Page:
Speaking to policymakers and clients at an event in Berlin, Deutsche Bank CEO Christian Sewing confirmed the internal probe, noting that "we do have a big interest in continuing to get to the bottom [of both cases]. Hence in the case of Danske, we started another internal investigation."
The Financial Times first reported the story.
According to the Financial Times and other media reports, between 2007 and 2015 Deutsche Bank acted as a correspondent bank for Danske's Estonian branch, which is suspected of laundering €200 billion from former Soviet states. During that time, Deutsche Bank reportedly cleared more than €160 billion through the single, small branch.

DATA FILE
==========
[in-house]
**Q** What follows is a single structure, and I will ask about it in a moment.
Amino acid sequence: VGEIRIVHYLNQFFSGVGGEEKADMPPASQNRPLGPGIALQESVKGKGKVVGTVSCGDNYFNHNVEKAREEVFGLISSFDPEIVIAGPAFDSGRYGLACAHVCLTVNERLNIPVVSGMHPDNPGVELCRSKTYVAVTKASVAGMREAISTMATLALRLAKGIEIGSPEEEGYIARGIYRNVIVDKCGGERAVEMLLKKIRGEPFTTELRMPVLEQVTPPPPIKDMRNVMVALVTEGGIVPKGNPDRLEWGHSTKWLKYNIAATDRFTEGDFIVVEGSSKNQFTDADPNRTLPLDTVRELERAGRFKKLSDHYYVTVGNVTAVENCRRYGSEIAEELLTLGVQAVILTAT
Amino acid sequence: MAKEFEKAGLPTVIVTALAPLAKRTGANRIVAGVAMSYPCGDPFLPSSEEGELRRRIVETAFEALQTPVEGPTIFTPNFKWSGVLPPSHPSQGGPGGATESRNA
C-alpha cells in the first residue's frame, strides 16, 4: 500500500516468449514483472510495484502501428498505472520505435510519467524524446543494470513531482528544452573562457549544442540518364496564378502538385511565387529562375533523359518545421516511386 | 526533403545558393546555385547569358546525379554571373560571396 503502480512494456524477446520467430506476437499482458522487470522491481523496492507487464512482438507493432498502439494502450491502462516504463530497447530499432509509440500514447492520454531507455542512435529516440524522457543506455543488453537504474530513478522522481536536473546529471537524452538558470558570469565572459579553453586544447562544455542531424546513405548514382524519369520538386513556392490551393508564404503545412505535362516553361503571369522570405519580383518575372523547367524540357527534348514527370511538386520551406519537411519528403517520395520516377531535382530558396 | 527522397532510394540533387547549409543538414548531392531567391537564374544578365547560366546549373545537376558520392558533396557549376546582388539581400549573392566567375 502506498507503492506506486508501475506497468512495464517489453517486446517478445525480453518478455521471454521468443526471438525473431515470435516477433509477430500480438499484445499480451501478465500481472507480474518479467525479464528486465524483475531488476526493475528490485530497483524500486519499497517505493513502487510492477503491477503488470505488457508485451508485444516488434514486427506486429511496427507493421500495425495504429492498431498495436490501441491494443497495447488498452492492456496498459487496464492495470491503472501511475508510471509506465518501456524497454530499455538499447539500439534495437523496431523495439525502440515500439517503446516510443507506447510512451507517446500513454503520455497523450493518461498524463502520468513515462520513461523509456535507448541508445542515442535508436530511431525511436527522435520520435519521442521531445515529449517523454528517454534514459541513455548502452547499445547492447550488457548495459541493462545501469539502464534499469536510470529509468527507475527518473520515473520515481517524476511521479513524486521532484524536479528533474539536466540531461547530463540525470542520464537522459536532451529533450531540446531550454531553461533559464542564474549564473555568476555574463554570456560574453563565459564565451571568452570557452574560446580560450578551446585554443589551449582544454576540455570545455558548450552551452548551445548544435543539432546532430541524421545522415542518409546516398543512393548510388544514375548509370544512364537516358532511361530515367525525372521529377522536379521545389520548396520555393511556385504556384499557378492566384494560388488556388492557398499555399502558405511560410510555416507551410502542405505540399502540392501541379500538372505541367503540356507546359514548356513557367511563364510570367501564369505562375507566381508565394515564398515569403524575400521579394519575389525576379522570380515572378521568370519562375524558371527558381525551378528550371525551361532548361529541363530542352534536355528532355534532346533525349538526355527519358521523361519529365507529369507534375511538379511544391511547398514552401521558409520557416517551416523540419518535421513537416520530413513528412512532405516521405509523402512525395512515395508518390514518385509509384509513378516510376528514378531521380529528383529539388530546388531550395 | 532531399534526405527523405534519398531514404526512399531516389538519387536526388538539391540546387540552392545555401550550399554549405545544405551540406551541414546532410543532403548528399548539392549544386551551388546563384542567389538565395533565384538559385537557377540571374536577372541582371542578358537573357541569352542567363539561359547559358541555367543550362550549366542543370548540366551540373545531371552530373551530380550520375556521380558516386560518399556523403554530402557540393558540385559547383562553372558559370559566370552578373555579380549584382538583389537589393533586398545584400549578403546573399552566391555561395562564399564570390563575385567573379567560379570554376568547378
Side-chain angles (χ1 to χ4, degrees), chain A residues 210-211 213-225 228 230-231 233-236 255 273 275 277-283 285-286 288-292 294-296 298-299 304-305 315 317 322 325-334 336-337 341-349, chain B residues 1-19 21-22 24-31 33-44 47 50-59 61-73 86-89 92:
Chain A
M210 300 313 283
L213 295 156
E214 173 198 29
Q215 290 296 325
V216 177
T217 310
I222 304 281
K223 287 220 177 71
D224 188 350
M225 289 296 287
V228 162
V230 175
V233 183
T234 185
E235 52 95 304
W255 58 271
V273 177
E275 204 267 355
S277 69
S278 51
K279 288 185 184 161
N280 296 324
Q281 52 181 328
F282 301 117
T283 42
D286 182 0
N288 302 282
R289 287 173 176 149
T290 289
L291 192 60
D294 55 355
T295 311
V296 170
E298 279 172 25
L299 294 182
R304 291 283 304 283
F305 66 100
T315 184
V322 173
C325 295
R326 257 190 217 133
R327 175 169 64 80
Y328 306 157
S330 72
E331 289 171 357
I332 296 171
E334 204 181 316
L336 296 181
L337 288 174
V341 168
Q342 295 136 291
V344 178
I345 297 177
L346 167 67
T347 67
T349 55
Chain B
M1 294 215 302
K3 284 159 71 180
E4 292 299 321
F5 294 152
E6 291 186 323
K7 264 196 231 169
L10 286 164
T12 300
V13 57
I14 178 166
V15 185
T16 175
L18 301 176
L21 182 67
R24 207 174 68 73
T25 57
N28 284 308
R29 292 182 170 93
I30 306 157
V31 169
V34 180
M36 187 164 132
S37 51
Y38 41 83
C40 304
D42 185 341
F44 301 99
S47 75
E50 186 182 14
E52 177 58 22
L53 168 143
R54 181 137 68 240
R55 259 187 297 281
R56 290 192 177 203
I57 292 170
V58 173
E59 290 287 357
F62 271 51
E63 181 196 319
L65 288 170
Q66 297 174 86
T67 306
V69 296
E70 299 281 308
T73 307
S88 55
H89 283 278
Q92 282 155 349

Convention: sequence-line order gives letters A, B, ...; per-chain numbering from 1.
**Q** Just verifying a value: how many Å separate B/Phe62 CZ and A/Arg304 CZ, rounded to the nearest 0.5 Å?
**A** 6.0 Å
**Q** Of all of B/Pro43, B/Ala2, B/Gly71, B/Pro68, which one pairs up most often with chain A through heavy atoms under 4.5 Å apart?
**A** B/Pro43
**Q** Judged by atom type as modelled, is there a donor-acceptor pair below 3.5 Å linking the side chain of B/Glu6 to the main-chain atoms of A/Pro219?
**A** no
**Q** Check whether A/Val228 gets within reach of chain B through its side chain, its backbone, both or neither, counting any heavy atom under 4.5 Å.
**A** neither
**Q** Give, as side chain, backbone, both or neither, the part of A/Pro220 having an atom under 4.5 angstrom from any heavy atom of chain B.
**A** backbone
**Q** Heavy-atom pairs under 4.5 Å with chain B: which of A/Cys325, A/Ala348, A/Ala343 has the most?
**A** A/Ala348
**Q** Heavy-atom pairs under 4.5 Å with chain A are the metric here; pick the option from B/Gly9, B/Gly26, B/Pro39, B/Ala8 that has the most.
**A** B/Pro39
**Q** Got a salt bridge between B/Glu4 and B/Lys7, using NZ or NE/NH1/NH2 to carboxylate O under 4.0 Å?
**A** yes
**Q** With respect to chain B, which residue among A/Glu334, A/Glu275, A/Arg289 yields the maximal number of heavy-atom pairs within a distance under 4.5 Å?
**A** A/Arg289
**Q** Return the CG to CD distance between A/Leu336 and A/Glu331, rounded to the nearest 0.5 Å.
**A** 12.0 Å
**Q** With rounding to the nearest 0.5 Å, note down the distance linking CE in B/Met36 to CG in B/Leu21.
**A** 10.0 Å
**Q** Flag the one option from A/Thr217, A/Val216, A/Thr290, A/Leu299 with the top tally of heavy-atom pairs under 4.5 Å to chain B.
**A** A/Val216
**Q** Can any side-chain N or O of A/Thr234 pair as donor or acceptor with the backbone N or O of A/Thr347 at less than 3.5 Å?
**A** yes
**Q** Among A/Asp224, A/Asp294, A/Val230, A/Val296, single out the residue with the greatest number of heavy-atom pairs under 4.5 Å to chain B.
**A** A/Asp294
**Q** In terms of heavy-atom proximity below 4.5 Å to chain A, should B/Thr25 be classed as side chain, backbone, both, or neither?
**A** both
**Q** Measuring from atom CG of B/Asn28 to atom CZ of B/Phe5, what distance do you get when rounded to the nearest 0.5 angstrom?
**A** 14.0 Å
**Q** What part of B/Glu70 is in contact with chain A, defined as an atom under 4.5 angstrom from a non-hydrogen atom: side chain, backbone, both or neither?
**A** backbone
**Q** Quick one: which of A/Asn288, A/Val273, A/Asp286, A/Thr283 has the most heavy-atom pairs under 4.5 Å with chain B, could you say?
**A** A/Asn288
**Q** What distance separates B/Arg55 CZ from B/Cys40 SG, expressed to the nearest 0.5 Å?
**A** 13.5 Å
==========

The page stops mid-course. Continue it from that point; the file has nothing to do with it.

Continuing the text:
The Frankfurt-based lender quit its role clearing dollars for the branch in 2015 after its internal controls began to flag a rising amount of suspicious transactions, which the bank reported to authorities.
Deutsche Bank is the subject of a criminal investigation into suspected money laundering linked to one of its former subsidiaries that was revealed by the Panama Papers data-leak in 2016.
"So far, we do not have any evidence for misconduct on our side," said Sewing, referring both to the Panama Papers investigation as well as the Danske issue.
"We have the highest interest in regaining lost trust," Sewing said. "And we are thankful to the many clients who have stood by us in the past weeks as well."
Shares in Deutsche Bank gained more than 5% on Wednesday on the New York Stock Exchange, rising 37 cents to $8.99.